Jack Lanigan (1890-1975): Habits, Culture & Beliefs

There was plenty of entertainment for all tastes if you could afford such expense

Jack Lanigan, ‘Thy Kingdom Did Come’, 14.

In his memoir, ‘Thy Kingdom Did Come’, Jack Lanigan gives a true insight into the recreational activities of his time, however, as he states here the type of activities you would engage in depended on your class and affordability. As a child, despite hardships, Jack Lanigan conveys fond memories of happy and fun times as he states, ‘we kids had our fun and games, but had to walk a long way from our homes to the nearest park or playground’ (6). Parks and playgrounds were a free way of finding adventure and fun for working-class children, whatever the weather, Jack Lanigan ‘thoroughly enjoyed’ (7) the many trips to these parks, particularly Peel Park situated in Salford.

Fig. 1. Peel Park, Salford.

In discussing happy childhoods, Jeremy Seabrook suggests that ‘childhood is sweet to adults. Perhaps there are no happy childhoods, only happy memories of childhood which, because they are beyond the reach of alteration or change, take on a significance and a lustre which they may not have had at the time’ (117). It seems that although Lanigan experienced hardship and poverty as a child, as an adult he reminisces on the little joys of childhood that may not have been acknowledged as a child due to the overwhelming struggles of poverty and the death of his mother and father.

Jack Lanigan had a lot of interests as a young boy, particularly in music and sport and was proactive in these activities to the extent that he lost his job as a counter hand and butcher’s assistant as he ‘thought more about going on stage’ (17), according to his manager. Music was an important part in Jack Lanigan’s life, he would sing and dance at music halls and pubs and enter music competitions, he states, ‘I was stage mad’ (16), music had significance in his life as it would bring Lanigan and his future wife together.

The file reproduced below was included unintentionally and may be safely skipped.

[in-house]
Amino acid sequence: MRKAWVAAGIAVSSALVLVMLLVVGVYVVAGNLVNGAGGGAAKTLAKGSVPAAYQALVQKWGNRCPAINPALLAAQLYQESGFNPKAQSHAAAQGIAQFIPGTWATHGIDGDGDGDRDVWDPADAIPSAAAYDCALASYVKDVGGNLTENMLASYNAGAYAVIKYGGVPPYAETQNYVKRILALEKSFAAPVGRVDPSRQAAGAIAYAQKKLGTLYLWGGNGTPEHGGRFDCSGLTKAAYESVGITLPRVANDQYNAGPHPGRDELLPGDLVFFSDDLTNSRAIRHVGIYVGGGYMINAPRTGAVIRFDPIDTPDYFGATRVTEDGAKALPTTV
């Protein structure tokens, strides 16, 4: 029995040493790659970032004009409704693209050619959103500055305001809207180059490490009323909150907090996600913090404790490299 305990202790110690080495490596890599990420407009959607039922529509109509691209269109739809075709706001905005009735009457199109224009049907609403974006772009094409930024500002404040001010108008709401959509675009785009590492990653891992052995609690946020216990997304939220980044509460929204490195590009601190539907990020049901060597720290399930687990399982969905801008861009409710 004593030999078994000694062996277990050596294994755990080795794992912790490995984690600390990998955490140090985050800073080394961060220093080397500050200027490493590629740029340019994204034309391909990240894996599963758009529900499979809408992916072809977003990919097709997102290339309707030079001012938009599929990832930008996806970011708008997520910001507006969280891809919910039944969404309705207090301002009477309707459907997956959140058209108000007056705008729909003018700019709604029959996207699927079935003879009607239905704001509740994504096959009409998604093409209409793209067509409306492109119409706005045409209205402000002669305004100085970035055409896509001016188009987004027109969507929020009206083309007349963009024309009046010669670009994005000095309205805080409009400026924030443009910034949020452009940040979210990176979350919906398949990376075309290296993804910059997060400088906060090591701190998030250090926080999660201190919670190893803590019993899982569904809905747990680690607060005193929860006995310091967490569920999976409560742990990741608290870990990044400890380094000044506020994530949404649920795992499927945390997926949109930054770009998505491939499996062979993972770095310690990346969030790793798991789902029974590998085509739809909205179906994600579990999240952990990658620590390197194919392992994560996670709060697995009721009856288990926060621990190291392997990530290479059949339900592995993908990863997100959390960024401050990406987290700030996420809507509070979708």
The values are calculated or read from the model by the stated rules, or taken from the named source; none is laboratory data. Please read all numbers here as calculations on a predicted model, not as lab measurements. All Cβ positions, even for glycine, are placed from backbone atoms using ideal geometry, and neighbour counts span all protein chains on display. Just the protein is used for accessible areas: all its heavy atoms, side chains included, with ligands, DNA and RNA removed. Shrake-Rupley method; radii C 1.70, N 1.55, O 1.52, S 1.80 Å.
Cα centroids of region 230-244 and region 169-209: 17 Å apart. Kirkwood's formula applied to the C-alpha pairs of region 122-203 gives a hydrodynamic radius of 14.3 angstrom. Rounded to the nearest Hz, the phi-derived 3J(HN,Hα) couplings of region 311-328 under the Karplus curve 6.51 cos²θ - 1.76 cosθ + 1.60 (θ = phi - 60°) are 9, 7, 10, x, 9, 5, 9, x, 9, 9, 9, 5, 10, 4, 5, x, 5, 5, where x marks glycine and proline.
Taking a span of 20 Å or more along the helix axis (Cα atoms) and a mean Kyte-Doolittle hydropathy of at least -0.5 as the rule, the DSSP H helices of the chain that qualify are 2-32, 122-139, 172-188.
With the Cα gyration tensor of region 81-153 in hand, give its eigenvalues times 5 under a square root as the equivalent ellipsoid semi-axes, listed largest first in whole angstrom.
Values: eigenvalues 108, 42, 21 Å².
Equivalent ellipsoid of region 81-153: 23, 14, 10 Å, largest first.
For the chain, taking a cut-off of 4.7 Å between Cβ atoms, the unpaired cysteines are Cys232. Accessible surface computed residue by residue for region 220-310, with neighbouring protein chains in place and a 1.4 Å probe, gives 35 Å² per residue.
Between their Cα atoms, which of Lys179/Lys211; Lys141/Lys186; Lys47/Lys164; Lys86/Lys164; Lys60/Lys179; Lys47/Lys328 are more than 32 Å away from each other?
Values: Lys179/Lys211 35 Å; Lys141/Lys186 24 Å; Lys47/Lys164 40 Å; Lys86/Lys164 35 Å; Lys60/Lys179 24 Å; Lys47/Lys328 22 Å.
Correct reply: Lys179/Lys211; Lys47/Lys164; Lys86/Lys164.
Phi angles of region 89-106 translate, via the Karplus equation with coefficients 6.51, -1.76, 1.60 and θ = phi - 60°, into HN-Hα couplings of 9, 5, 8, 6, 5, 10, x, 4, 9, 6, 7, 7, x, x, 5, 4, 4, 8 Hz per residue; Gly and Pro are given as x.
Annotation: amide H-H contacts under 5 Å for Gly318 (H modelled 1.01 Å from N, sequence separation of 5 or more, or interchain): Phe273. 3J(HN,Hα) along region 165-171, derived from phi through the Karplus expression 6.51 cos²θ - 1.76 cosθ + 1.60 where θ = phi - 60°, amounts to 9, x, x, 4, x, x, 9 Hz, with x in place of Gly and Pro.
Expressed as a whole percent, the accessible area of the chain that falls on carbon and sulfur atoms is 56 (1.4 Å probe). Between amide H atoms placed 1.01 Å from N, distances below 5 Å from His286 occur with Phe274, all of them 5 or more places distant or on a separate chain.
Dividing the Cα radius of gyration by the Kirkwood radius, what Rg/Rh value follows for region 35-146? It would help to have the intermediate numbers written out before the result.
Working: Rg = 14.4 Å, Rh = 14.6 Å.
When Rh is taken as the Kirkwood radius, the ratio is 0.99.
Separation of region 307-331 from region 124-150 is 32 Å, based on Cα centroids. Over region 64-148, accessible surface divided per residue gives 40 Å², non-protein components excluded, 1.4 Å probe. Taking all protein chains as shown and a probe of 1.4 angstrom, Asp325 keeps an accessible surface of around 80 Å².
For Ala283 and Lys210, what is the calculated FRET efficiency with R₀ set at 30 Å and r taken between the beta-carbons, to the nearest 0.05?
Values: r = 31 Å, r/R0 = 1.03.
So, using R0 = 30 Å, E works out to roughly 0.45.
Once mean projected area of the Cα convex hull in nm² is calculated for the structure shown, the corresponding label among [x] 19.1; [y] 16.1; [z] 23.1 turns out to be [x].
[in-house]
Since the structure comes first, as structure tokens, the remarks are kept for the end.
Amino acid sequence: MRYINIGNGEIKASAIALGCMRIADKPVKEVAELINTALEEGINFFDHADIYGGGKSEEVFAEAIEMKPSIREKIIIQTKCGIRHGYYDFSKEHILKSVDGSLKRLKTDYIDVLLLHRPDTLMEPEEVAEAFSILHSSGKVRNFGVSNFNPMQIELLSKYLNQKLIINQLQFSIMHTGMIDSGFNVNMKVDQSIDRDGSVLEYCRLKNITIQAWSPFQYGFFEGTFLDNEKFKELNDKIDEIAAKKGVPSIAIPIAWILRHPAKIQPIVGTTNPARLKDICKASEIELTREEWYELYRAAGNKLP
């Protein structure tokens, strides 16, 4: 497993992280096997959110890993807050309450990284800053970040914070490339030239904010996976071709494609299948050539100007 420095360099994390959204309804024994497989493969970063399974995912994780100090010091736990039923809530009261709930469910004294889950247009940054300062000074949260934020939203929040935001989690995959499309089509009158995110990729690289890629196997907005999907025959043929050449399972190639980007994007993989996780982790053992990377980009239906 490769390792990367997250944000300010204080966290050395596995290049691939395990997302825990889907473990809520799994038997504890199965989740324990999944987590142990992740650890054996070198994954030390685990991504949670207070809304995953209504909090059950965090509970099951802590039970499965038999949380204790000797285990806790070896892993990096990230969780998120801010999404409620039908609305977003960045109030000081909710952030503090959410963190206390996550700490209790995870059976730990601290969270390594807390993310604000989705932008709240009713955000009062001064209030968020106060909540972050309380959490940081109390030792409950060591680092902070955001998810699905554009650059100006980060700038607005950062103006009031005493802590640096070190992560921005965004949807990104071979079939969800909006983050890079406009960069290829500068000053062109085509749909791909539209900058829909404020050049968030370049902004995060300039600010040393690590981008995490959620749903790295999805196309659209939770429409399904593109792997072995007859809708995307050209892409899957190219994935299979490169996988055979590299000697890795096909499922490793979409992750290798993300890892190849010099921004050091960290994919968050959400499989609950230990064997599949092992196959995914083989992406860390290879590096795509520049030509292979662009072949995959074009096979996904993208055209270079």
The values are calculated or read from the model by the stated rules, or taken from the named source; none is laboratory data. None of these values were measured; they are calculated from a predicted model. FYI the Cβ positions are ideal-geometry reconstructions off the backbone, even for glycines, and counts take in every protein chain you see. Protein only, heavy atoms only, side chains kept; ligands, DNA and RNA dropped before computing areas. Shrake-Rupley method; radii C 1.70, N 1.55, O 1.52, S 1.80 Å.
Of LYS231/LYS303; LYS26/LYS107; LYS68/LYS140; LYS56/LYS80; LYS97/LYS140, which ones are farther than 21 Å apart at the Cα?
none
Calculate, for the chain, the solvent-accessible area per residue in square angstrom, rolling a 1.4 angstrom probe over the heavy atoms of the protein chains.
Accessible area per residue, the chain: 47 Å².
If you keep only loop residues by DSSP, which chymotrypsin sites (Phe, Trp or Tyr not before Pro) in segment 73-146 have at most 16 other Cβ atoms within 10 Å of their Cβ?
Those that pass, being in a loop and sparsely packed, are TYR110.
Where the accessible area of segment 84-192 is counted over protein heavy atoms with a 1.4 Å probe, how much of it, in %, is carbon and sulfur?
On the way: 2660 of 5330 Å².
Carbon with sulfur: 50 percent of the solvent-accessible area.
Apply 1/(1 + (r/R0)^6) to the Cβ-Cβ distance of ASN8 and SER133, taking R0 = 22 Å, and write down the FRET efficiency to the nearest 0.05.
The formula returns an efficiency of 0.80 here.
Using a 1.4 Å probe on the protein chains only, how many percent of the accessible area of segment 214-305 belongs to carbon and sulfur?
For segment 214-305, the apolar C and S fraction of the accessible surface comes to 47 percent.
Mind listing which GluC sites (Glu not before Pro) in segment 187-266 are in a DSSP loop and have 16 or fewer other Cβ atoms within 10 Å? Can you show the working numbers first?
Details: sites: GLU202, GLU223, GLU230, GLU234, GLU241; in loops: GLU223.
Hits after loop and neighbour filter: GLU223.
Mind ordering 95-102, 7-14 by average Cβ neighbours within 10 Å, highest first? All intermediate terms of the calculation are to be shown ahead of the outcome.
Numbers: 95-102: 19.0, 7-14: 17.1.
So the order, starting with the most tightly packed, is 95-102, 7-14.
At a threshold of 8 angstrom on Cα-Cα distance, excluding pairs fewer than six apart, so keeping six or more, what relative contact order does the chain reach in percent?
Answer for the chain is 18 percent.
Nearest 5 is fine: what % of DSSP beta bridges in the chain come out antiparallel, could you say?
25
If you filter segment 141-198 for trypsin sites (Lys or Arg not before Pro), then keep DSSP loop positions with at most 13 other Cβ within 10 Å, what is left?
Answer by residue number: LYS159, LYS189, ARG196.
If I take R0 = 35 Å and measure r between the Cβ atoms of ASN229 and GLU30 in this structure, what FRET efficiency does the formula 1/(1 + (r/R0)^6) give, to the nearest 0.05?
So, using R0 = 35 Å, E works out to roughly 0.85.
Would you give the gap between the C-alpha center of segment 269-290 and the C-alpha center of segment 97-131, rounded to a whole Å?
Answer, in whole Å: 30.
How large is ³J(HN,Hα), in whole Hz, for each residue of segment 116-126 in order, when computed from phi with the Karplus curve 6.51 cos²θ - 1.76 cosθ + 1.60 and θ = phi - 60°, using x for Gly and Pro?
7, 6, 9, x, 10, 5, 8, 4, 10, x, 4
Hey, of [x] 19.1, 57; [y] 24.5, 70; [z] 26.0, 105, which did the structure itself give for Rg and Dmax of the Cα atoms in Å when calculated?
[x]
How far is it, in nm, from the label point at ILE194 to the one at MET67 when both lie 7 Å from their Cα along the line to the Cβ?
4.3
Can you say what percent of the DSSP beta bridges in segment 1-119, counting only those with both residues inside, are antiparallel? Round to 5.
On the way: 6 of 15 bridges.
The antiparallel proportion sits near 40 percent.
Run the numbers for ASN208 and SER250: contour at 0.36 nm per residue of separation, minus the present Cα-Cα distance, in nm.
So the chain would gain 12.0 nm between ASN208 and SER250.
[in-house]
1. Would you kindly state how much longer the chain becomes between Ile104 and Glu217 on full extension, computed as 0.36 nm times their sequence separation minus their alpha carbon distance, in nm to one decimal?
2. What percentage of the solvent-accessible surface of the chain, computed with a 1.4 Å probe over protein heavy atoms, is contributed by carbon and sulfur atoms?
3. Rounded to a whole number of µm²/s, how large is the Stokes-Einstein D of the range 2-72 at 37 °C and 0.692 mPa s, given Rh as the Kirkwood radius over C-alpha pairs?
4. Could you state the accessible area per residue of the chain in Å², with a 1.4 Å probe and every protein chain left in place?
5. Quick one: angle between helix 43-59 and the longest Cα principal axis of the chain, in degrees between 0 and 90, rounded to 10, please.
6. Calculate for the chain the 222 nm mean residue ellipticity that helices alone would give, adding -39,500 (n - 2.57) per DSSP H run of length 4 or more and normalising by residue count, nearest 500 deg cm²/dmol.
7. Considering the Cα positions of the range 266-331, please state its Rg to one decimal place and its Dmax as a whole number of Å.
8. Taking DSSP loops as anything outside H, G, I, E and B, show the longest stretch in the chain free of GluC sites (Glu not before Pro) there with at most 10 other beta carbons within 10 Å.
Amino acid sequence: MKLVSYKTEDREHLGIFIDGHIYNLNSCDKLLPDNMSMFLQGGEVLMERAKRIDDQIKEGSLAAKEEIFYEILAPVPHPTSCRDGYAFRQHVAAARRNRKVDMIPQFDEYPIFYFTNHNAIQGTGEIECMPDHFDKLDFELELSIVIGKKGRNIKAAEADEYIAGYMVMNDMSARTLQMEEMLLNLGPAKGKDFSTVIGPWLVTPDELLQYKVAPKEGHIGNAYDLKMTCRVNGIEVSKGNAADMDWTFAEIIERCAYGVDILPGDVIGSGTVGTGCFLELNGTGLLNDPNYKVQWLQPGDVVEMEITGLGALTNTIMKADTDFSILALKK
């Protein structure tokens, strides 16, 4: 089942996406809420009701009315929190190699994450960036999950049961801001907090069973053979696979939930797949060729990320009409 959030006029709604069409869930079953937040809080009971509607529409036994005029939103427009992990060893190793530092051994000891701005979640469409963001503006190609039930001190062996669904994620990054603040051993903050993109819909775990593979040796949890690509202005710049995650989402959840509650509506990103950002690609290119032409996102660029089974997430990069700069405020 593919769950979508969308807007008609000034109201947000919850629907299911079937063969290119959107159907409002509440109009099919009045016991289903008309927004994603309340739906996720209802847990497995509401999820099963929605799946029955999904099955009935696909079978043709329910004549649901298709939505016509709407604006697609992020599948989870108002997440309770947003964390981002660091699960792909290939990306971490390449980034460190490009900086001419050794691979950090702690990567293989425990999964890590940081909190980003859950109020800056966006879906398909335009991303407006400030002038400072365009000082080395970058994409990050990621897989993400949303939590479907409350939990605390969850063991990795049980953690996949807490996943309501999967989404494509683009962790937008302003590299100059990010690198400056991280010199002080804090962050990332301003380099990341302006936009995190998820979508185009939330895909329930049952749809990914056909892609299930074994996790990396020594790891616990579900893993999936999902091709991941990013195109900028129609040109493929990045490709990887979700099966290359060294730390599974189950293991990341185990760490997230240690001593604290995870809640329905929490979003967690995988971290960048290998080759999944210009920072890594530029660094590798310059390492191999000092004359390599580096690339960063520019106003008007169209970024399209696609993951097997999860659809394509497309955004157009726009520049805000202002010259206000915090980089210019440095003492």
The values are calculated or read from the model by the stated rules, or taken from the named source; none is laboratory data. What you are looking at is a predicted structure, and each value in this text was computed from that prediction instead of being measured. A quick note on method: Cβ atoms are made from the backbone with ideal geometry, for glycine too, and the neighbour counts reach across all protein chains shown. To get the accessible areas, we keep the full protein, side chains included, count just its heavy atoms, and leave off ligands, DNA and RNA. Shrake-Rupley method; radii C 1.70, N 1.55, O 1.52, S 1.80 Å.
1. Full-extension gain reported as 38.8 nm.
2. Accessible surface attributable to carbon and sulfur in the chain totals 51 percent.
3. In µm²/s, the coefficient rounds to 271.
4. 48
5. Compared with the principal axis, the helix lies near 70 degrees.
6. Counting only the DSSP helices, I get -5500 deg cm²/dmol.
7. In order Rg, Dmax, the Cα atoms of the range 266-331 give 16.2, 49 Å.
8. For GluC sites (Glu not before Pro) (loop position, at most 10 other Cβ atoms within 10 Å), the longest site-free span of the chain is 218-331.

His other love, that being sport, began in the Hugh Oldhams Lads Club and came in the form of boxing, football and the newly discovered sport of Ju-jitsu which Lanigan took a great interest in. Through the Hugh Oldhams Lads Club, Lanigan was introduced to an array of opportunities including holidays which he would of otherwise not have experienced. This club, as were many, was sponsored by City business men ‘and a splendid piece of work they achieved’ (11) according to Lanigan, he states that these City business men;

..enabled to keep boys off the streets, and made men of the majority of us. We could hold our own in a scrap, but one thing they taught us boys was to “respect our elders”. (11-12).

It was this respectability that these clubs aimed to engrain in the working-class youth as opposed to the disrespectability and hooliganism typically associated with the working class. Nevertheless, this club proved beneficial for Jack Lanigan as it created these happy memories of childhood and provided a form of escapism from the harsh realities of working-class life. His love and enthusiasm for music and sport was hard to keep up in adult life due to commitments to work as a Sanitary Inspector and to the war.

Works Cited:

1:421 Lanigan, Jack, ‘Thy Kingdom Did Come’, TS, pp.92 (c.42,000 words). Burnett Collection of Working Class Autobiography, Brunel University Library.

Lanigan, Jack, ‘Thy Kingdom Did Come’, TS, pp.92 (c.42,000 words). Extract in J. Burnett (ed.), Destiny Obscure. Autobiographies of childhood, education and family from the 1820s to the 1920s (Allen Lane, London, 1982), pp.95-9. Brunel University Library.

Seabrook, Jeremy. Working-Class Childhood: An Oral History. London: Victor Gollancz Limited, 1982.


Figure 1. ‘1920s-1930s’. www.TheLowry.com. N.D. Web. Accessed 16 January 2015.



Leave a Reply

Your email address will not be published.